Developmental Trends of Sustainable Bioenergy Systems at TMU Laboratories  [PDF]
Barat Ghobadian
Journal of Sustainable Bioenergy Systems (JSBS) , 2012, DOI: 10.4236/jsbs.2012.22002
Abstract: This paper describes a brief review of biodiesel R & D developmental trends at Tarbiat Modares University (TMU) bio- energy research laboratories (lab.), Tehran, Iran. The developmental trends at includes potential and feasibility study, cultivation of a sample bioenrgy farm, technology innovation and its scale up (patents) for fuel processing, and finally the fuel application in diesel engines. A national investigation was carried out to find out the possible potential of sustainable feedstock for biodiesel production. The results showed that easily available biodiesel feedstock is waste cooking oil with a maximum potential of 750 mil.lit and an approximately 350 mil.lit. of collectable waste cooking oil. A castor oil plant farm was cultivated to harvest castor plant seeds, extract its oil, produce biodiesel fuel and use it in diesel engines. This led to a series of patent and consequently technology innovation from 7 lit. lab. scale to semi-continuous, semi-industrial scale of 2 ton capacity.
Land Conversion and Agrofuel Plantations in Mindanao: Promises and Uncertainties
Alternate Forum for Research in Mindanao (AFRIM)
Kasarinlan : Philippine Journal of Third World Studies , 2011,
Abstract: As a signatory to the Kyoto Protocol, the Philippines enacted the Biofuels Act of 2006 (RA 9367). Signed into law in January 2007, it aims for the phasing out of harmful gasoline additives and/or oxygenates, and the mandatory use of biofuels with one percent biodiesel blend and five percent bioethanol blend for all diesel and gasoline fuels, respectively. This policy has led to frenzied development of biofuel plantations, particularly sugarcane, cassava, and sweet sorghum for bioethanol production, and coconut, oil palm, and jatropha for production of biodiesel. Mindanao has been identified as a major contributor in fulfilling the Philippine government’s biofuel targets. The island’s vast agricultural lands are thus giving way to monocrop oil plantations.
Metabolic Engineering of Thermoanaerobacterium thermosaccharolyticum for Increased n-Butanol Production  [PDF]
Ashwini Bhandiwad, Anna Guseva, Lee Lynd
Advances in Microbiology (AiM) , 2013, DOI: 10.4236/aim.2013.31007
Abstract:

Thermoanaerobacterium thermosaccharolyticum shows promise as a host for n-butanol production since it natively has the required genes involved in the n-butanol biosynthetic pathway. Overexpression of the natively occurring bcs operon containing the genes thl, hbd, crt, bcd, etfA, and etfB responsible for the formation of butyryl CoA increased the n-butanol production by 180% compared to the wild type from a n-butanol titer of 1.8 mM to 5.1 mM. The deletion of one of the six alcohol dehydrogenase genes confirmed that it was the primary gene responsible for ethanol and n-butanol production from acetyl CoA and butyryl CoA respectively.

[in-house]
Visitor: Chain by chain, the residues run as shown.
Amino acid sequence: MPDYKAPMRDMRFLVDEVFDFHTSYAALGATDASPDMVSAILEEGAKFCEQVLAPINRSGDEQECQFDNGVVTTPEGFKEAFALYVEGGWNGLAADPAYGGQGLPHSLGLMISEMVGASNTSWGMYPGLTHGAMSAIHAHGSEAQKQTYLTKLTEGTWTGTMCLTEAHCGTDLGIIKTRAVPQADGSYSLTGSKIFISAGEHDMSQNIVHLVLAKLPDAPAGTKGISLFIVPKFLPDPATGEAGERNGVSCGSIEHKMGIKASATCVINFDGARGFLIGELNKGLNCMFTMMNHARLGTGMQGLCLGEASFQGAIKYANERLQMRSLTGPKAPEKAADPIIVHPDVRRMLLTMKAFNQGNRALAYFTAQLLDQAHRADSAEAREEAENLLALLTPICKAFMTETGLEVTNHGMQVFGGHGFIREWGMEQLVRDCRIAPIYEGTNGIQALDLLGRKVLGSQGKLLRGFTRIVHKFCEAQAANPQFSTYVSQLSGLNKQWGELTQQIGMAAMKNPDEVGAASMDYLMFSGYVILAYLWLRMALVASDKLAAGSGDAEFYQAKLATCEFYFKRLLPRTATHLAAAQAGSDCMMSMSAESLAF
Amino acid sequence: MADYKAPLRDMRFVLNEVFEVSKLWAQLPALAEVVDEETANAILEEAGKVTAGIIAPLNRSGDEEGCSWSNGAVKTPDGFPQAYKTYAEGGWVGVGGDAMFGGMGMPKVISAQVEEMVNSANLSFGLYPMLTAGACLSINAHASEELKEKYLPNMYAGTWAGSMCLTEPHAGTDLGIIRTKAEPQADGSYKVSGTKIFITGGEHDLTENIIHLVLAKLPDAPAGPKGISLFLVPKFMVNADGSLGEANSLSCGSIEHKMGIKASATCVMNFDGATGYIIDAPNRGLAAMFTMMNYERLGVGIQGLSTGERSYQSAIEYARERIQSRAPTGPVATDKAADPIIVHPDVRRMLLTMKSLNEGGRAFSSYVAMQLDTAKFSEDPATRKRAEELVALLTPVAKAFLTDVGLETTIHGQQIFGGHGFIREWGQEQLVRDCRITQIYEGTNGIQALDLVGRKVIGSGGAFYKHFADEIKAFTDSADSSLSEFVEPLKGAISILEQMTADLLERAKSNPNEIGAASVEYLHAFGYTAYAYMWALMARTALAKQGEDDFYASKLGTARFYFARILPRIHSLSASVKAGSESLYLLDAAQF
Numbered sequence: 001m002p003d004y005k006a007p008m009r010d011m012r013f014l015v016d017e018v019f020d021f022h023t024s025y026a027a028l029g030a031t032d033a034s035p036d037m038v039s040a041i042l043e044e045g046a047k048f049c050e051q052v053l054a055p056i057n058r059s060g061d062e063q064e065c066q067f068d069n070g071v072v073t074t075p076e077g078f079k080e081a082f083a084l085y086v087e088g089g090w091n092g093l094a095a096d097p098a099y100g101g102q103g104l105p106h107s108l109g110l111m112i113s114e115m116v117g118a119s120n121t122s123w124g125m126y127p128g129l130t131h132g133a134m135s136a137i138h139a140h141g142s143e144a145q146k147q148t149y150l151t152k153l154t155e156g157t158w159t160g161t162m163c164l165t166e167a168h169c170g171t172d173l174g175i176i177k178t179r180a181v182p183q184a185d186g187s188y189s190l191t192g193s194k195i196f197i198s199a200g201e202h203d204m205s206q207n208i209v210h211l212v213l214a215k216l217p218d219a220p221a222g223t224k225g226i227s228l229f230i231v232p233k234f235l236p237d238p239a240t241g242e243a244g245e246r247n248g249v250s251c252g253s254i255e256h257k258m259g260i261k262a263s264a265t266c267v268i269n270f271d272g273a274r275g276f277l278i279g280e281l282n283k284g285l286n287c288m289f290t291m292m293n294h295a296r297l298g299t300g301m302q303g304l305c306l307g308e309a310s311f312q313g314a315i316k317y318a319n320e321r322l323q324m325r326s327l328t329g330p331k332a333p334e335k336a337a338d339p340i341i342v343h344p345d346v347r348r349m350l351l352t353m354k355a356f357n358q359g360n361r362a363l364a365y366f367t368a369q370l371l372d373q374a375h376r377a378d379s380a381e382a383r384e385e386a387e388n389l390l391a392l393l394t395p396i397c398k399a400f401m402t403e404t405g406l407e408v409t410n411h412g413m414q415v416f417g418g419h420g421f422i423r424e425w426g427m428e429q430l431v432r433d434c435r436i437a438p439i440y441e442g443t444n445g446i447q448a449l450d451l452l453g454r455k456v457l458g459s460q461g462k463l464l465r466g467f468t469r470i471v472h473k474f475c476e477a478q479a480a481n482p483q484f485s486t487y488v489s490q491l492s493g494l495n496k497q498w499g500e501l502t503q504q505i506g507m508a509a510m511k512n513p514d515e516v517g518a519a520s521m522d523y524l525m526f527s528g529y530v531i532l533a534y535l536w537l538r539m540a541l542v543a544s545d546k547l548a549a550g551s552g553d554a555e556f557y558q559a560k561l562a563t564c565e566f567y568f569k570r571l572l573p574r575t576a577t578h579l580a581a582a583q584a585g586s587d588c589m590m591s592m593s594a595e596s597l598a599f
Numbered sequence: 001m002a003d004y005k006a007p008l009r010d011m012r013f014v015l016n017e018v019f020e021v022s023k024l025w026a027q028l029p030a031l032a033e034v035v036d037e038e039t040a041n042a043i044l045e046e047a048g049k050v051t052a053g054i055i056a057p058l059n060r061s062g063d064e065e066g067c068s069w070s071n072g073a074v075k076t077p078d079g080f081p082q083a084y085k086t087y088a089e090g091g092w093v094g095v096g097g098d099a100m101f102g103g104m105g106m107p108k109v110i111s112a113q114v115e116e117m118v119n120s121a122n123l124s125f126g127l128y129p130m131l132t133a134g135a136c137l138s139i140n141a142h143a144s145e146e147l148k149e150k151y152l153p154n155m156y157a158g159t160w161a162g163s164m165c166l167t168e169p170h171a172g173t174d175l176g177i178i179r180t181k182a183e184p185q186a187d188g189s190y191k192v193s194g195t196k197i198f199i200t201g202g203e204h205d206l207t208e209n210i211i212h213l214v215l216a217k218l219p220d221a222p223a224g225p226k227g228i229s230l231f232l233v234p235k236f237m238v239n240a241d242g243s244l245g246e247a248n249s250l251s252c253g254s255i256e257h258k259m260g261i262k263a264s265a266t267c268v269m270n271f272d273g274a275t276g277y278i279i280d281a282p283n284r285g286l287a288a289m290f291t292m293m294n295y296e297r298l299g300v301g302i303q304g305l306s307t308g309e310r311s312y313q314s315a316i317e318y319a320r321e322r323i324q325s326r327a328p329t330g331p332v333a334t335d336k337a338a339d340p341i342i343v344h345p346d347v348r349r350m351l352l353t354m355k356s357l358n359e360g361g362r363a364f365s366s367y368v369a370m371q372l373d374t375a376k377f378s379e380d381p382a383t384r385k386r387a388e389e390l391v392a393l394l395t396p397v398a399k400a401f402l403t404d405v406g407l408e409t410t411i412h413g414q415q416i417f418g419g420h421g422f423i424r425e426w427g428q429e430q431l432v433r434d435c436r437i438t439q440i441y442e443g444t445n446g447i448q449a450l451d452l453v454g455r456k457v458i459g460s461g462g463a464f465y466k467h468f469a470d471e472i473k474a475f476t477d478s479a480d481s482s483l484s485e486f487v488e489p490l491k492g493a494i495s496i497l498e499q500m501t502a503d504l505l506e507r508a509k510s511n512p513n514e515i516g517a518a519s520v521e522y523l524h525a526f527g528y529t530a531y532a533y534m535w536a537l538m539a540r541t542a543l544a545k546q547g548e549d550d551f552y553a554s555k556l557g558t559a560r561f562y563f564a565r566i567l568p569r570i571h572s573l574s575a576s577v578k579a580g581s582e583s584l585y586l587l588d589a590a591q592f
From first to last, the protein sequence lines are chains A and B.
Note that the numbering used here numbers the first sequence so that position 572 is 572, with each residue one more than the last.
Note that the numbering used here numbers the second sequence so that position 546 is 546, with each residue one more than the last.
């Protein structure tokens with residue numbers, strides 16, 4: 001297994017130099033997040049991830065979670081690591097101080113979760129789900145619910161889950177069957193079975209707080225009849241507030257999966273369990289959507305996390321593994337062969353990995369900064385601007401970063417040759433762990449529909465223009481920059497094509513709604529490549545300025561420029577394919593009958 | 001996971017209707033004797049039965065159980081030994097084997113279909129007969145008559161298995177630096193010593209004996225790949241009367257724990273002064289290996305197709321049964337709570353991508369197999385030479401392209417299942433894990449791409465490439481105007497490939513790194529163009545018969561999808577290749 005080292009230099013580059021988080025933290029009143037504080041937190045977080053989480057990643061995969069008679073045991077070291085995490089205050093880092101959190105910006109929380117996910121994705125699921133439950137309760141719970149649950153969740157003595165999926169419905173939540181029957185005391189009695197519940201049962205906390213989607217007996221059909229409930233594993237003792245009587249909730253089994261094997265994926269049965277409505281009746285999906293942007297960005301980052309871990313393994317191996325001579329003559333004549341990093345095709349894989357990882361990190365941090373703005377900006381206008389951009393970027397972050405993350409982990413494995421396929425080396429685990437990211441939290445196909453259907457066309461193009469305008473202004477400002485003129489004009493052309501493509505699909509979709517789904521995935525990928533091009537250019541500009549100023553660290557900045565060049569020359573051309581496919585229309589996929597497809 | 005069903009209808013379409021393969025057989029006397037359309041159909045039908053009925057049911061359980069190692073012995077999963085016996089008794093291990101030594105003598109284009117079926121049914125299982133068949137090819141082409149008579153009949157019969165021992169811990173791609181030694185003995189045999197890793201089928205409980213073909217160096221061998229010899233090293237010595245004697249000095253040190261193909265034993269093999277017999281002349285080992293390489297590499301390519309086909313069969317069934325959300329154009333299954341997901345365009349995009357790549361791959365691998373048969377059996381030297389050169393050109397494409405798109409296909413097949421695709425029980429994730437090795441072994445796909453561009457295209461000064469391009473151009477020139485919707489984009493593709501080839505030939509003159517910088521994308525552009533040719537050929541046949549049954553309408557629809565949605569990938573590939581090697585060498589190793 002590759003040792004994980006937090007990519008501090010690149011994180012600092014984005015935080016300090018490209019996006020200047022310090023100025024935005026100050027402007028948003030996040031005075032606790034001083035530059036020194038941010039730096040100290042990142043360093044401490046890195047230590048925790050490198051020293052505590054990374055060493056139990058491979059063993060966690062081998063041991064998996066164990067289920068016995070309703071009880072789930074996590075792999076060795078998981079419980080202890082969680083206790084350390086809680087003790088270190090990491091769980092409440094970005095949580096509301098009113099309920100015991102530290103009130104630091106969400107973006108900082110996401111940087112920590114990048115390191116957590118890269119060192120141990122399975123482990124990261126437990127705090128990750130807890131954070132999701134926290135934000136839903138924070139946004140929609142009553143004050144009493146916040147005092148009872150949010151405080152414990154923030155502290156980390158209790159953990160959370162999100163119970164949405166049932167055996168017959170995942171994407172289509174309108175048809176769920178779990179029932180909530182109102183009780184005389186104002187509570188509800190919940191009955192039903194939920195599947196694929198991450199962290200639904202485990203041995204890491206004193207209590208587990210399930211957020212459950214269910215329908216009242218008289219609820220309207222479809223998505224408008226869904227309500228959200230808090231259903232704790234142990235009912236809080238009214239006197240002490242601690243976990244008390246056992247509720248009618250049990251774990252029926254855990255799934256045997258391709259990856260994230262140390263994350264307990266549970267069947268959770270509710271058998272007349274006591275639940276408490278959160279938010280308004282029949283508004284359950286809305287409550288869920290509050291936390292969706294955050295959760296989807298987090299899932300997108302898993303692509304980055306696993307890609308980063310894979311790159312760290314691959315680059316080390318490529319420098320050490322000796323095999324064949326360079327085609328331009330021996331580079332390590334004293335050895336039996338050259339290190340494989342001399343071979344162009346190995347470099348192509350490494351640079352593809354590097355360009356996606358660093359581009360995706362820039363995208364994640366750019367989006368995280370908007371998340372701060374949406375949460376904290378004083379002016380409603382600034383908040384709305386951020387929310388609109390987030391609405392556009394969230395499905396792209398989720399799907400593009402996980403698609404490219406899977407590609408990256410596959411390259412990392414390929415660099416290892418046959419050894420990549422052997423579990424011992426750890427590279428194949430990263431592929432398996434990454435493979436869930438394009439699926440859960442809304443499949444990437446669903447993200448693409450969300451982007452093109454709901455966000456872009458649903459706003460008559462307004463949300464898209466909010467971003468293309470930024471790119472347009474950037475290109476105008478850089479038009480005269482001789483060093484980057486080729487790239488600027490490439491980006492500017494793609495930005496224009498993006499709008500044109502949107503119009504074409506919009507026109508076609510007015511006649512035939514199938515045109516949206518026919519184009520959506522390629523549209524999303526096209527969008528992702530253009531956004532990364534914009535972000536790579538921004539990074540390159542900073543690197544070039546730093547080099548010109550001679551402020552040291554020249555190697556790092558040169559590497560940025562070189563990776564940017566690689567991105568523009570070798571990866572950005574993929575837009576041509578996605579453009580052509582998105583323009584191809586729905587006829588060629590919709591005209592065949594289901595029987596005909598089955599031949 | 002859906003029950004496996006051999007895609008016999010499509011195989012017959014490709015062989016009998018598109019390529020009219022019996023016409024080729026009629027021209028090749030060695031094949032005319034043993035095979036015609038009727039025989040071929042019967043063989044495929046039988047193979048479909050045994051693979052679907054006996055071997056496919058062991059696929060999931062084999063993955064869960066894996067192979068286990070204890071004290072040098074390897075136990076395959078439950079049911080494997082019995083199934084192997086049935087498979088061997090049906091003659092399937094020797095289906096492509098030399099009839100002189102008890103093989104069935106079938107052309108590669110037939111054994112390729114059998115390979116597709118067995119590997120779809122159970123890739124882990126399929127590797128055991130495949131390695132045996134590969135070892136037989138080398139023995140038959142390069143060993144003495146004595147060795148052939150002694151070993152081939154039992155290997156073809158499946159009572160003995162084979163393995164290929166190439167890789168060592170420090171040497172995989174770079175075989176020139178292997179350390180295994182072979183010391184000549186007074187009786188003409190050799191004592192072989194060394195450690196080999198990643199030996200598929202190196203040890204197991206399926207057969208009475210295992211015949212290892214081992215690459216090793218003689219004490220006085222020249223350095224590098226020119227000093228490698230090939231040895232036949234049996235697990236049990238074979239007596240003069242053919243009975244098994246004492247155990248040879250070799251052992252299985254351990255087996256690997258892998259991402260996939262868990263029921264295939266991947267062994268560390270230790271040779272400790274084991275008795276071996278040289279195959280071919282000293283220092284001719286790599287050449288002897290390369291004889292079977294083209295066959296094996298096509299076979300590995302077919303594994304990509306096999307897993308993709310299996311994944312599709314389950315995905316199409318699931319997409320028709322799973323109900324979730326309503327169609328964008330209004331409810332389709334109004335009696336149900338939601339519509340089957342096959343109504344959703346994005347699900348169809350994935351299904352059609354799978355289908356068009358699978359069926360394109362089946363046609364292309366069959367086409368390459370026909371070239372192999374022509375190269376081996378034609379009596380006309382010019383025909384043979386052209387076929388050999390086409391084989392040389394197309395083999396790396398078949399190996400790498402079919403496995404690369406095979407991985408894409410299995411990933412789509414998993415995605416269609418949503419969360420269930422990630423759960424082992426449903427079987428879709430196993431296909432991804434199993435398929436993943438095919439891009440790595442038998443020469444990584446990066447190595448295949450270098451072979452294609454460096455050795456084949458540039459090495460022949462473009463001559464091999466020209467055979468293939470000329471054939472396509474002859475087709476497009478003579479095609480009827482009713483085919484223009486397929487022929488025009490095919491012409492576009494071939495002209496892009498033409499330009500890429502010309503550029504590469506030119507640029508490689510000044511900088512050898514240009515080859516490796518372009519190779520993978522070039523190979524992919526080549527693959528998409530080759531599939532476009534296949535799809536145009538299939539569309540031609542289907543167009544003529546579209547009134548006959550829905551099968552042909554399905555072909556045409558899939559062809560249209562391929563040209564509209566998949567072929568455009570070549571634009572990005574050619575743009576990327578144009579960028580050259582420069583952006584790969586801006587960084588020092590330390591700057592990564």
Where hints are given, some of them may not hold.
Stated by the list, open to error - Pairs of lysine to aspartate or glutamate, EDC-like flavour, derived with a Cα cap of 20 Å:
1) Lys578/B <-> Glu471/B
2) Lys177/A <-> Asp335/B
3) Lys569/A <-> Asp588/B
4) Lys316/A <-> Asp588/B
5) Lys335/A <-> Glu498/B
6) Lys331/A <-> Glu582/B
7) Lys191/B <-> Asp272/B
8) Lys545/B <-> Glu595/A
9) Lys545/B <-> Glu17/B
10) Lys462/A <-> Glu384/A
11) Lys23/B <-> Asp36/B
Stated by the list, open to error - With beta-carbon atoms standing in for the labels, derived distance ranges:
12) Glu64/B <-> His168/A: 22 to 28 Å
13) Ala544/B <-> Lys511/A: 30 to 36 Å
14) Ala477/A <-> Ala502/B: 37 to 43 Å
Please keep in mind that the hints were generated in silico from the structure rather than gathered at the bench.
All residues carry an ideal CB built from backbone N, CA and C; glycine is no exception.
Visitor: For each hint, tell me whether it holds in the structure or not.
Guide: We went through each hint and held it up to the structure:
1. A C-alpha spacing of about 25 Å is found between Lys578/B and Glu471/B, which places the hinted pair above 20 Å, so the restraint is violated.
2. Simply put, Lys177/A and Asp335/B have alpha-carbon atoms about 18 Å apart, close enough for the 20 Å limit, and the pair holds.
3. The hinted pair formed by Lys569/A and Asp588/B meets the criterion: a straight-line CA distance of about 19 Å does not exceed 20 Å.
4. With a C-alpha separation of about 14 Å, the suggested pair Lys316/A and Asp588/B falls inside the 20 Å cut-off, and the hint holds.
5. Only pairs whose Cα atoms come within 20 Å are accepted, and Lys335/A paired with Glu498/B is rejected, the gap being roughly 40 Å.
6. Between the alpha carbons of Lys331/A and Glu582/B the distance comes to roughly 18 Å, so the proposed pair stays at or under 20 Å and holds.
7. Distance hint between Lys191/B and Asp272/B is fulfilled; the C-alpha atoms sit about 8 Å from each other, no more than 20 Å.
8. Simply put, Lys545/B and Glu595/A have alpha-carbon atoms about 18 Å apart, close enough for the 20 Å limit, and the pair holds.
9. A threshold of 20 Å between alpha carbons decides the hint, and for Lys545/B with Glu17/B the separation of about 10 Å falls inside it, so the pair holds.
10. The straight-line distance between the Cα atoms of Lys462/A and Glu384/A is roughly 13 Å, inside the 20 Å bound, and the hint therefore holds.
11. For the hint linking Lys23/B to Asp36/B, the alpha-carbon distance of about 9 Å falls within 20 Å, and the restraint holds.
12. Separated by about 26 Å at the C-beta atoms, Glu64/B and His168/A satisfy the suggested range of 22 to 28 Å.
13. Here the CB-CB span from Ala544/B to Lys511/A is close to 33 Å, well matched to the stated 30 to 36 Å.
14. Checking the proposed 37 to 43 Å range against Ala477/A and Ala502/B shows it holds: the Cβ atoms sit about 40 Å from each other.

A Life Cycle Assessment Based Evaluation of a Coupled Wastewater Treatment and Biofuel Production Paradigm  [PDF]
Monica C. Rothermel, Amy E. Landis, William J. Barr, Kullapa Soratana, Kayla M. Reddington, Matthew K. Weschler, Grace Witter, Willie F. Harper
Journal of Environmental Protection (JEP) , 2013, DOI: 10.4236/jep.2013.49118
Abstract:

A laboratory experiment was performed to determine the feasibility of coupling a conventional wastewater treatment system with an algal photobioreactor (PBR) for the removal of nutrients from wastewater and production of renewable resources. An activated sludge batch reactor was set up in series with an algal PBR to feed synthetic wastewater to Chlorella vulgaris. The nutrient concentration in the water as well as lipid content, carbohydrate content, and growth rate of the algal biomass were tested over 10 cycles to determine the capabilities of the coupled system. The study revealed complete nutrient removal in some cycles, with the average final nutrient content of 2 mg-P/L and 3 mg-N/L in effluent of the PBR. The algae biomass contained 24% ± 3% lipids and 26% ± 7% carbohydrates by dry weight. A life cycle assessment revealed the highest energy demand occurred during harvesting of the algal mixture through centrifugation or filtration, but the highest global warming and eutrophication impacts were due to CO2 use and PBR construction material production. It is feasible for the system to treat wastewater while generating renewable resources, but the system must be optimized to reduce life cycle environmental impacts and result in a net energy gain before large-scale implementation is possible.